These observations — where I look at Real Madrid’s history, its players on loan, Castilla, tactical tidbits, and other relevant thoughts — are now a regular thing. All previous editions can be found here.
Instead of hitting you with 3000 words of analysis I’m going to start releasing my column in bite-sized pieces. Here goes the first one of 2023 which include two main themes on Vinicius’s season and Liverpool’s defense:
Appreciate the ascent of Vinicius Jr
The greatness that we witness week-in and week-out from Vinicius Jr may have been normalized to an extent where we don’t appreciate him enough. Maybe we’re desensitized to his dominance or hyper-critical of trivial flaws because he’s set the bar so high. Appreciate him. If he’s not on the field, the offense dies a slow, painful death.
Vinicius carries the ball forward as a threat like few others in the world can. He does it every game even if he doesn’t score or provide an assist. He kickstarts transition attacks by gliding out of pressure and releasing a pass or carrying the ball himself at the speed of light.
It’s the consistency in which he breaks lines that’s impressive, and if you’re Carlo Ancelotti — completely necessary. Vinicius is one of the handful of footballers that can transcend tactics and low blocks, but that he can do it doesn’t mean it’s easy for him to do so. Opponents are tasked with making his life as difficult as possible. They throw multiple defenders at him and close his space. They foul him (more than any player in the top-5 leagues gets fouled), and get away with a lot of physical abuse. (It doesn’t help that Vinicius also has to carry a lot of mental weight with the racism he’s suffered all season.)
Vinicius has been one of the vital members of Real Madrid’s ball progression for a good part of the last three years:
He doesn’t have much space to work with, but still can find a way to split the defense:
Those are spaces Vinicius is so dangerous in. It’s not as ideal as getting the ball to him in open water on the counter-attack, but it is a scenario he’ll find himself in more commonly against opponents who don’t allow that kind of space (which is frequent).
The defensive shape from Real Valladolid in the second video looks in control of the situation in some capacity, but facing Vinicius even in that pocket is terrifying. The Brazilian has gotten so good at slowing the game down in those moments. He can duck his shoulder and get to the byline, cut in with a disguised dribble into a shooting or cut-back position, or split the defense with a 1-2 in the box like he does above with Dani Ceballos in the left half-space.
Vinicius is special. Moan about some of his mistakes all you want. His high volume of chance creation is what gets the team in those positions in the first place. The offense would be lost without him.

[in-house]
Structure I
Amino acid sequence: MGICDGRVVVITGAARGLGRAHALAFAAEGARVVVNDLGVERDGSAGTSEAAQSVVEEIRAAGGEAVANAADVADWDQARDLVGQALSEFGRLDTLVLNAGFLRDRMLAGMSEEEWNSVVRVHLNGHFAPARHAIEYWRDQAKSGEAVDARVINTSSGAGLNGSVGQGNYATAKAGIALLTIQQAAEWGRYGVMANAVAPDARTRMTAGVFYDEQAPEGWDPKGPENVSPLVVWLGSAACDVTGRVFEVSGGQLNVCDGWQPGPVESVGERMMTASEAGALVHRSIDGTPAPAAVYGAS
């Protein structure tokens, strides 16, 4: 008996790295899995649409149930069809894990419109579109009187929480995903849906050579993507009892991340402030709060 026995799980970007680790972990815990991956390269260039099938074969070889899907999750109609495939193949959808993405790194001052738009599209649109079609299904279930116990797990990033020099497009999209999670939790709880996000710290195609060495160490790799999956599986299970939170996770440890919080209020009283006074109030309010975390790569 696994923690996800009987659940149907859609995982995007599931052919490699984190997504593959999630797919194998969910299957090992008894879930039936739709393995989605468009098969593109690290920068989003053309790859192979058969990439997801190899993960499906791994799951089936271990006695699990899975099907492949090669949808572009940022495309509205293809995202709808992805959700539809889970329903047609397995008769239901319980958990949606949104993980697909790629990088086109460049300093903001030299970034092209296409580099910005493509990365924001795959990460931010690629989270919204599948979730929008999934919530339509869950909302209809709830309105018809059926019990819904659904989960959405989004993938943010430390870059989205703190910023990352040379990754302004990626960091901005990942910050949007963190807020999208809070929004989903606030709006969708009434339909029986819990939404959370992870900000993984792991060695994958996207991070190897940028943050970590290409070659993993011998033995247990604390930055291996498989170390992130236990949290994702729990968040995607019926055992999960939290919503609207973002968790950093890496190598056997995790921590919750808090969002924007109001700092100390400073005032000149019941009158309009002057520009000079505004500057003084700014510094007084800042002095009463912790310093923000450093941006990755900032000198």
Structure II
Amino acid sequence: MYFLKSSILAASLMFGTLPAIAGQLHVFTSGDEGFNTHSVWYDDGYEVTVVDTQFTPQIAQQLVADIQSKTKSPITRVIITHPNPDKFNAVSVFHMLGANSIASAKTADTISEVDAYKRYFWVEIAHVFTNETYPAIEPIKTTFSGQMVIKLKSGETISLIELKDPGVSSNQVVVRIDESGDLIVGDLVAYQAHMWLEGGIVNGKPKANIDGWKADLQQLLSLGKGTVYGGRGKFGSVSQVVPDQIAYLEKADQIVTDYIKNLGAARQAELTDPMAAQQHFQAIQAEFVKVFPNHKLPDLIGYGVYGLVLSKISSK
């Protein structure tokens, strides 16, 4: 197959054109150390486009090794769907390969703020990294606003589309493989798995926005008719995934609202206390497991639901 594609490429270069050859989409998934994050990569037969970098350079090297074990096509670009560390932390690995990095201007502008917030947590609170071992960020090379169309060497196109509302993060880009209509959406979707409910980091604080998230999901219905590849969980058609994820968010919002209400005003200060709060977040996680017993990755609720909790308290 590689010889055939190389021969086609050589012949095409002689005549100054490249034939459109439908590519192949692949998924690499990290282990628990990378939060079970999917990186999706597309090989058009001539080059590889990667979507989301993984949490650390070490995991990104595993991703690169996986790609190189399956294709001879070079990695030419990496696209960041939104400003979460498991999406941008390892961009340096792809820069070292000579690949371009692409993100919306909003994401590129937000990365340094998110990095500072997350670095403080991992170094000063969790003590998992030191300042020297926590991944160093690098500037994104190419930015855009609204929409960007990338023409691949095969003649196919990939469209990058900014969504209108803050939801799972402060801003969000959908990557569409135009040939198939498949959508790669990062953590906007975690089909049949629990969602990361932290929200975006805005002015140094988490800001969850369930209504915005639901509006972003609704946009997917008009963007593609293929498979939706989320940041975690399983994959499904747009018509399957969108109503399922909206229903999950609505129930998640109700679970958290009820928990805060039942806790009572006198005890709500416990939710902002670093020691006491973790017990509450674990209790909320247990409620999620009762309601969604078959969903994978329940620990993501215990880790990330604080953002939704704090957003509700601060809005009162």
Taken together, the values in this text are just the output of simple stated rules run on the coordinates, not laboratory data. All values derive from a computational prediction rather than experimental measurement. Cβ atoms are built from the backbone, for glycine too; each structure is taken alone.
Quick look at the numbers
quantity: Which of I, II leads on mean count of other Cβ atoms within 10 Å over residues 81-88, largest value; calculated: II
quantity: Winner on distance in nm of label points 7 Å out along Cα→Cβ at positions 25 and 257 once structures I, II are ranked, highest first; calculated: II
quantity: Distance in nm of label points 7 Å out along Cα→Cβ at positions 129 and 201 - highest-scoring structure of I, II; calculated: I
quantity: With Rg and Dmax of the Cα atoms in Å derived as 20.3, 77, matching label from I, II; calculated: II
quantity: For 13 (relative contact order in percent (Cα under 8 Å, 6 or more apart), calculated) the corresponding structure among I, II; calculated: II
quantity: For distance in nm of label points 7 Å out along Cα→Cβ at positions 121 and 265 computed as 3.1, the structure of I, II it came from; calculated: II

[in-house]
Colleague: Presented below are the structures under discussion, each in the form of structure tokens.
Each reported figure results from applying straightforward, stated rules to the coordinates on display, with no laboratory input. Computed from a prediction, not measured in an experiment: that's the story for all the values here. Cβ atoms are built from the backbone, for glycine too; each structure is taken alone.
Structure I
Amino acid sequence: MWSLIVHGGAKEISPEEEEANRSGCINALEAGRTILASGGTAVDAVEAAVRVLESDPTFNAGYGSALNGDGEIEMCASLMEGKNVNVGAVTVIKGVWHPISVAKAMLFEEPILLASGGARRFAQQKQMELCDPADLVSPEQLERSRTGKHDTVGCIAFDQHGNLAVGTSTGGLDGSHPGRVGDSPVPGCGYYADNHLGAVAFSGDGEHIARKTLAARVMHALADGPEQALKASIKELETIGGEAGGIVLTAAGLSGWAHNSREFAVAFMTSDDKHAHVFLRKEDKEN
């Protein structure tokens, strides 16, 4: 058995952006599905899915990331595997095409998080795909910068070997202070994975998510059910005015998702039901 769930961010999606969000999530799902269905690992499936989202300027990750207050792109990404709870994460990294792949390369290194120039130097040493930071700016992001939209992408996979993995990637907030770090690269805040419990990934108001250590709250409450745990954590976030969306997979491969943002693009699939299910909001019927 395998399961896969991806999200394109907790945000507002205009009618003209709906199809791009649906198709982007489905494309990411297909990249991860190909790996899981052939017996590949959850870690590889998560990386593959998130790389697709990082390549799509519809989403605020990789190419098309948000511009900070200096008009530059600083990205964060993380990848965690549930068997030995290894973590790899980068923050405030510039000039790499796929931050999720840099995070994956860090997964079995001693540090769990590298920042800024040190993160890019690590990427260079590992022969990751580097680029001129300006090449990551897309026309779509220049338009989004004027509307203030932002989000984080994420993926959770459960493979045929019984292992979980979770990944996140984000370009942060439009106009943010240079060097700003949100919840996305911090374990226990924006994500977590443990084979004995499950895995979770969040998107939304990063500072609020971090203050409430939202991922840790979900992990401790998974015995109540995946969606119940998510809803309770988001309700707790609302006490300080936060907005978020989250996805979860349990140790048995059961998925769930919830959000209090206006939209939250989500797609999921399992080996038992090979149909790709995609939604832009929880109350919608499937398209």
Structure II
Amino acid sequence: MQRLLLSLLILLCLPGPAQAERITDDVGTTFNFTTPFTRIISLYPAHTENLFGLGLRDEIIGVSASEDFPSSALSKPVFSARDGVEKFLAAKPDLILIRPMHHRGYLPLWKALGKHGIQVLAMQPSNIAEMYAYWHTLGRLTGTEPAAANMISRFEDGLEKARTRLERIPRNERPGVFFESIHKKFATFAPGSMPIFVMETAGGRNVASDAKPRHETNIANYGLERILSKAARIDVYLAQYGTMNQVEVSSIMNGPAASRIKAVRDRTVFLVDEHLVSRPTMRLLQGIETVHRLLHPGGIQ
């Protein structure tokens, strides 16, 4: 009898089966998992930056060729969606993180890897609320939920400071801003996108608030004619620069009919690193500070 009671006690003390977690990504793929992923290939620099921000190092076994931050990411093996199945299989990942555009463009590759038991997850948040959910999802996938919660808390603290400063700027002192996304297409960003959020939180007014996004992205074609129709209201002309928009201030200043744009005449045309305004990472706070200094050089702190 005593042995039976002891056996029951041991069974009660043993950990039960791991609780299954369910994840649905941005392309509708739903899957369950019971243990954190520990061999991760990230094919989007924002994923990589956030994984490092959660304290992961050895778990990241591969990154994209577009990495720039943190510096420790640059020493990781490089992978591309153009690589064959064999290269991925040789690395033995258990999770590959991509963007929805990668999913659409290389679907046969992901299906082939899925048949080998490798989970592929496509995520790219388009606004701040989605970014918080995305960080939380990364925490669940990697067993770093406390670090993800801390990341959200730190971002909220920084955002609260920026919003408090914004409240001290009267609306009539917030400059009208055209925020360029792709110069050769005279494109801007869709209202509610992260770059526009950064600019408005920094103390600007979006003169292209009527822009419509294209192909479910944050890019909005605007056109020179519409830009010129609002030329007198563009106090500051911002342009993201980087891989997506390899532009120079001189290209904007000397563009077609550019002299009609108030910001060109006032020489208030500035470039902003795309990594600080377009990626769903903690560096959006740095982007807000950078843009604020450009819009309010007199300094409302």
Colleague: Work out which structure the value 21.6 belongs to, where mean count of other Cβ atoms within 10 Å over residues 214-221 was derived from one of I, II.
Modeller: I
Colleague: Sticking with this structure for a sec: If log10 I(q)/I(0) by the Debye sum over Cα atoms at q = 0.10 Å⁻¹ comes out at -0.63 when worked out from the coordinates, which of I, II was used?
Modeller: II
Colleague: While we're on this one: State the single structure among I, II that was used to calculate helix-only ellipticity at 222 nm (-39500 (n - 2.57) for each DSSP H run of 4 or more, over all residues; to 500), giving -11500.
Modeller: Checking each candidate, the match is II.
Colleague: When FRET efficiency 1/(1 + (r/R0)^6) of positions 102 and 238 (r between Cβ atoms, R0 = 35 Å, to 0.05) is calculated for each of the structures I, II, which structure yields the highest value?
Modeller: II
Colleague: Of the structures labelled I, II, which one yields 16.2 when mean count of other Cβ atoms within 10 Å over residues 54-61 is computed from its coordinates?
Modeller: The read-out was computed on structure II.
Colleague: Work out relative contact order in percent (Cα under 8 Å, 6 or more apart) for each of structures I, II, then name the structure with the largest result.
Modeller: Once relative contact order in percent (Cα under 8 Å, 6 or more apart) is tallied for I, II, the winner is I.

Looking wide-eyed at Liverpool’s defensive line
With Real Madrid’s trip to Anfield just around the corner, it’s time to take a look at Liverpool and think about the annual (it seems like?) matchup between two European giants.
Every year the scouting report will read pretty similar. Liverpool like to press (we’ll save that segment for later) and hold a high line. But they are not what they used to be circa 2018 - 2020. In some ways that might make them even more dangerous — they are sleeping, hungry Leviathans that have enough sharp teeth and experience to get to the Champions League Final even when not at their best. Sounds familiar.
But some of their weaknesses they had even at their peak are magnified more now because the sum of their parts has had a drain in efficiency. The high-line dances on a tight-rope, and Trent Alexander-Arnold still leaves space behind him while looking lost on so many defensive sequences.
Liverpool have the sixth worst xGA in the Premier League this season. They are bleeding, relying on Alisson heroics while sitting at the mercy of opponents missing great chances. (Alisson has saved 74.4% of the shots he’s faced, the fifth best mark in the league; while his +8 post-shot xG-xGA is, um, insane, and by far the best in the country).
Jurgen Klopp has always accepted that TAA is who he is because of one clear, fundamental reason: He is arguably the best attacking right-back on earth. Even this season he leads the Premier League in progressive passes and successful dribble % (while doing a bunch of other things in the final third that are important). But that doesn’t mean Real Madrid won’t look at him wide-eyed just like they have done in previous years, and most recently did in the Champions League Final.
TAA gets his positioning wrong often. Sometimes he’s so high up the pitch he’s not there at all. But some attacking-minded wing-backs can still hold their own when they are defending deep. TAA struggles even when he’s in his own box.
He can’t defend balls like this that come in at the far post:
You can already close your eyes and see how Carlo Ancelotti will set up against Liverpool. They’re good at going forward, and not so great on the other end. I think we have a precedence for how this goes tactically.